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Benefits of Trademark Registration.

There are many benefits of trademark registration. The Lanham Act, the law governing trademarks in the United States, does not require that a trademark be registered. Therefore, as the owner of a trademark, you never need to register your trademark.  Registering a trademark and maintaining it can be costly. If you desire, you can bypass that process. That said, there are a number of benefits to registering your trademark. 

Depending upon the country where you reside, the trademark rules will vary. For example, the United States is a first-to-use nation rather than a first-to-register. That means, the first person to use a mark is considered the valid owner. They have priority, common law rights in commerce. The problem is, if you choose not to register your trademark and someone else registers the same mark, while you may common law rights, you will need to prove it. That can be costly, and there is always the chance you will lose in court.

For that reason, as soon as you are reasonably sure you will use the trademark, you might consider filing a trademark application with the USPTO.

This blog post will focus on why you might want to secure your trademark with a registration. In fact, while there are many advantages to registration, the greatest benefit is the presumption that you are the owner.

Benefits of Trademark Registration.

Below you will find a few of the many benefits a trademark registrant is entitled to once they receive a registration and maintain an active trademark.

  1. Legal presumption of ownership – As noted above, someone who has used a similar trademark longer than the registrant may have priority, but they will need to prove that. As the owner of a valid trademark registration, they will be presumed to be the owner.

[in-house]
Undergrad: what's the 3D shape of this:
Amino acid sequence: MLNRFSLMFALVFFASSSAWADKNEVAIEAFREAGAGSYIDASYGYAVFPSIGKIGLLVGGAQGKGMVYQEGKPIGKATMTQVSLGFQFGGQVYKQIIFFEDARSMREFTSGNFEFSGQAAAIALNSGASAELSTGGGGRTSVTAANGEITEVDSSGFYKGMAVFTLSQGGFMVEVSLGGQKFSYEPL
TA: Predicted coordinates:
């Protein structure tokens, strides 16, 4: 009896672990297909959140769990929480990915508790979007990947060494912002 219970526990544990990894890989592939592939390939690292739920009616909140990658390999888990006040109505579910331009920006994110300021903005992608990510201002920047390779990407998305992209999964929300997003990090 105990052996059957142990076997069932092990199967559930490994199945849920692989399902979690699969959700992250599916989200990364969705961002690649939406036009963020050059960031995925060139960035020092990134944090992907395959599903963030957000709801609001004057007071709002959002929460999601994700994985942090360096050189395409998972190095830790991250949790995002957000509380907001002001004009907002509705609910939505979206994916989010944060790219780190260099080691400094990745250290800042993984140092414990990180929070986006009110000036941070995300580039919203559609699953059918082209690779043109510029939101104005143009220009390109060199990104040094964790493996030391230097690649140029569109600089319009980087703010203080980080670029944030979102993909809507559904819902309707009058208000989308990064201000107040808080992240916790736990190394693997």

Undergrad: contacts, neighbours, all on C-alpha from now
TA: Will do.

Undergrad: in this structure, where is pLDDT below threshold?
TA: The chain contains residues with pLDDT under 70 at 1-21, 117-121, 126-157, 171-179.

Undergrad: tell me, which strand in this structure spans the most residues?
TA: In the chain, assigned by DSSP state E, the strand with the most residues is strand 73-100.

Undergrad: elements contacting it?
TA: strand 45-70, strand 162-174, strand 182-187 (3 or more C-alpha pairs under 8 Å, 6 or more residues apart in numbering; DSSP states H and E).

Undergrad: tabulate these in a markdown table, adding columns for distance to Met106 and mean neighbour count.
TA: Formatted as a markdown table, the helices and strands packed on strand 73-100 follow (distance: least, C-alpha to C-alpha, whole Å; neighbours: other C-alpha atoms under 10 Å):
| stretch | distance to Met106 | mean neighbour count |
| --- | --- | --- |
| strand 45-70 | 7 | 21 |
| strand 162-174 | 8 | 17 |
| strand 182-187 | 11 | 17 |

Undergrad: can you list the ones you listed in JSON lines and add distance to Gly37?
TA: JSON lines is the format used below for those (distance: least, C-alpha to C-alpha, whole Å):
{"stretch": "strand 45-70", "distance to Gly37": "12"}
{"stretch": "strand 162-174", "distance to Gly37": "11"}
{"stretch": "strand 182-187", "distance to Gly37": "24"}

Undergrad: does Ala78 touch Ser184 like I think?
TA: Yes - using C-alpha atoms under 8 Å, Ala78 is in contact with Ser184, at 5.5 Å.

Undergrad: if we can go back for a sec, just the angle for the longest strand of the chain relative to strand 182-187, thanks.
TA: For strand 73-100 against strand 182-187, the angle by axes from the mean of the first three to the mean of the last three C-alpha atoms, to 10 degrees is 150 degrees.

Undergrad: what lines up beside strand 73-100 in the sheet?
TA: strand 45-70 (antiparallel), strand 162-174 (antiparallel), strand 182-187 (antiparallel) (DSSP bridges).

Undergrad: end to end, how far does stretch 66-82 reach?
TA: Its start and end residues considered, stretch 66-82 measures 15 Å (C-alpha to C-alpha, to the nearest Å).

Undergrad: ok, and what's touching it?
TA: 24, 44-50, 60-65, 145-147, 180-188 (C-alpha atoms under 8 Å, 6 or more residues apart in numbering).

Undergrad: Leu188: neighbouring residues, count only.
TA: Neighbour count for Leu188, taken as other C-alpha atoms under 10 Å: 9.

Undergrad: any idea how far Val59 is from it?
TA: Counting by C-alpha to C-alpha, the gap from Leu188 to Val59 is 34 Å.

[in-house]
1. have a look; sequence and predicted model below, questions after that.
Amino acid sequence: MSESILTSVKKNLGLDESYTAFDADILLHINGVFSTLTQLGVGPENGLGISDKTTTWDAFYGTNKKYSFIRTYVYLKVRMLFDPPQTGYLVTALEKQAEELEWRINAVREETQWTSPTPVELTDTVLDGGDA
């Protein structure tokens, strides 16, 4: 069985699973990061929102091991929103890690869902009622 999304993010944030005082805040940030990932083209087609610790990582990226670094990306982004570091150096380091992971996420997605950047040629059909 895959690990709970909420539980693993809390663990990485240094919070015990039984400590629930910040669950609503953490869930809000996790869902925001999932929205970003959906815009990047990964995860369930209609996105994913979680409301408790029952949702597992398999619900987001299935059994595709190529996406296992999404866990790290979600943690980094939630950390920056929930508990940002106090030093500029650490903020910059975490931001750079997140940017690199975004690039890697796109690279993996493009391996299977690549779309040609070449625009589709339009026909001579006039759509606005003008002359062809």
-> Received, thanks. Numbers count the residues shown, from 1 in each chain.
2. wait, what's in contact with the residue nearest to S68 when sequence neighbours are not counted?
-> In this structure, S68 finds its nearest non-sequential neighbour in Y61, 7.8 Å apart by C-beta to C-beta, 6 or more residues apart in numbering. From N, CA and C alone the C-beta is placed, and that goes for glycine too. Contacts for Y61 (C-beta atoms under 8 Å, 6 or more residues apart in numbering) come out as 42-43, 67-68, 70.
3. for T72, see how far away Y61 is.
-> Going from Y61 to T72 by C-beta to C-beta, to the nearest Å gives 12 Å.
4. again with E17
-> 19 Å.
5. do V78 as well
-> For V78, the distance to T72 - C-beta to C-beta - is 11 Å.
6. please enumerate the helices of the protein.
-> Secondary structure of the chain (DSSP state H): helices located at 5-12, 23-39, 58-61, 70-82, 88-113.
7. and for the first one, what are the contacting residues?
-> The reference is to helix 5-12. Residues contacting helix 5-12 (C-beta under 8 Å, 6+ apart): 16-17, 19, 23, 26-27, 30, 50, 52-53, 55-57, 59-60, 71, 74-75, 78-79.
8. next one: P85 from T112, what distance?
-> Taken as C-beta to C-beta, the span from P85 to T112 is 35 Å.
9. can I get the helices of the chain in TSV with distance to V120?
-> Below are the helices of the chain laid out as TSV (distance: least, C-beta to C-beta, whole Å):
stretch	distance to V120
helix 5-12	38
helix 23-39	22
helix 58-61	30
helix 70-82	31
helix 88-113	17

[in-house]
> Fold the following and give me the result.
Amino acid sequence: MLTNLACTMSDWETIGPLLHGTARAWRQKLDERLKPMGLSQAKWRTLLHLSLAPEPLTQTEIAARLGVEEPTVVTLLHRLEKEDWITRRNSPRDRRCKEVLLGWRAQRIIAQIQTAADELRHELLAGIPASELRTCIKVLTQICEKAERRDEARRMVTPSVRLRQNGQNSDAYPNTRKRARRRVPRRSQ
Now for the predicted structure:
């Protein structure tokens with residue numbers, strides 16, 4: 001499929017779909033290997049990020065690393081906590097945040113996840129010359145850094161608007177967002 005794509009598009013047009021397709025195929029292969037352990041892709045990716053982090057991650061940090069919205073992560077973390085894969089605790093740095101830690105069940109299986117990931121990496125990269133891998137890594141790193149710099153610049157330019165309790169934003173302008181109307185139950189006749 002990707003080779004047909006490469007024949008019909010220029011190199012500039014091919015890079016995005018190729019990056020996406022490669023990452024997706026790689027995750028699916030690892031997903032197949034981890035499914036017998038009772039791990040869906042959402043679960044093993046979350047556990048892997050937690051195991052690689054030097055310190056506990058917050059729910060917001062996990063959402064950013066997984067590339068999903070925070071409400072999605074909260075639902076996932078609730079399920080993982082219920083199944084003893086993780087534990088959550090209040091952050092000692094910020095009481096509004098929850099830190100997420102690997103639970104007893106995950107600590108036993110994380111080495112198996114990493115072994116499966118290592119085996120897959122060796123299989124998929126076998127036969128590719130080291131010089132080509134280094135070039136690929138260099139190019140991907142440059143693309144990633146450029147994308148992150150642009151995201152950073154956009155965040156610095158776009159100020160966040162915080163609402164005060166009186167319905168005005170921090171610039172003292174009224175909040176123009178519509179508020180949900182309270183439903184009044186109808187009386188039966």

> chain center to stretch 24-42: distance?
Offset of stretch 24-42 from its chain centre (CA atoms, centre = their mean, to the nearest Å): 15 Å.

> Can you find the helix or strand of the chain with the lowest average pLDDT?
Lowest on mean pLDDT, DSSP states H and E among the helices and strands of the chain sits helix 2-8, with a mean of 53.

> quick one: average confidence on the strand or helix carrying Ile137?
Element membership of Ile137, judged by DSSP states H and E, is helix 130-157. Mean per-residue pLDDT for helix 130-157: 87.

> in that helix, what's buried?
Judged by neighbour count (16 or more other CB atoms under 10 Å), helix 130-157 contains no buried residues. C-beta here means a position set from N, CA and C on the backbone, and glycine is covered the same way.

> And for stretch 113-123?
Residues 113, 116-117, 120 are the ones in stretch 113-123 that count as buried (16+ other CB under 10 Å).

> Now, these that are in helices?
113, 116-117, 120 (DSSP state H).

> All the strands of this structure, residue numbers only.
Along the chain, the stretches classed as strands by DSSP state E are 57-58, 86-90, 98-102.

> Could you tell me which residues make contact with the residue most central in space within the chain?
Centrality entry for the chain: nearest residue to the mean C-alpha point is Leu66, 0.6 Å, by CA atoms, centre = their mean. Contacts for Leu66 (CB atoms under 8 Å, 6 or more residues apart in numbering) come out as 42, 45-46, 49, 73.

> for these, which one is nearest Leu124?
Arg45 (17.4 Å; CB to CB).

2. Presumption of priority – Having a valid trademark registration will also be a presumption that the registrant was the first to use trademark.
  3. Nationwide protection – With a valid federal trademark registration, the registrant has protection throughout the United States and its territories.
  4. Could extend protection to related goods, which might not be protected – Could possibly protect goods and service that are not included in the registration.
  5. Constructive Notice to 3rd parties – A registration notifies everyone that the owner has a federally registered trademark with the USPTO. In federal court, your registration certificate is proof of ownership.
  6. Right to file with US Customs – May record registration with U.S. Customs and Border Protection.
  7. Trademark will show up in the USPTO search database called, Trademark Electronic Search System (TESS) – If the trademark is active, anyone choosing to do a federal search in TESS will find the registration.
  8. Right to use trademark registration ® designation – With an active trademark registration, the registrant has the right to use the “R” in the circle ®.
  9. May bring a trademark lawsuit in federal court – With a valid federal trademark, the legal owner has the right to sue in federal court.

Summary.

Once again, while a trademark registration is not required, it is strongly encouraged. REGISTER! Register! Register!

Francine D. Ward
Attorney-At-Law, Author, Speaker

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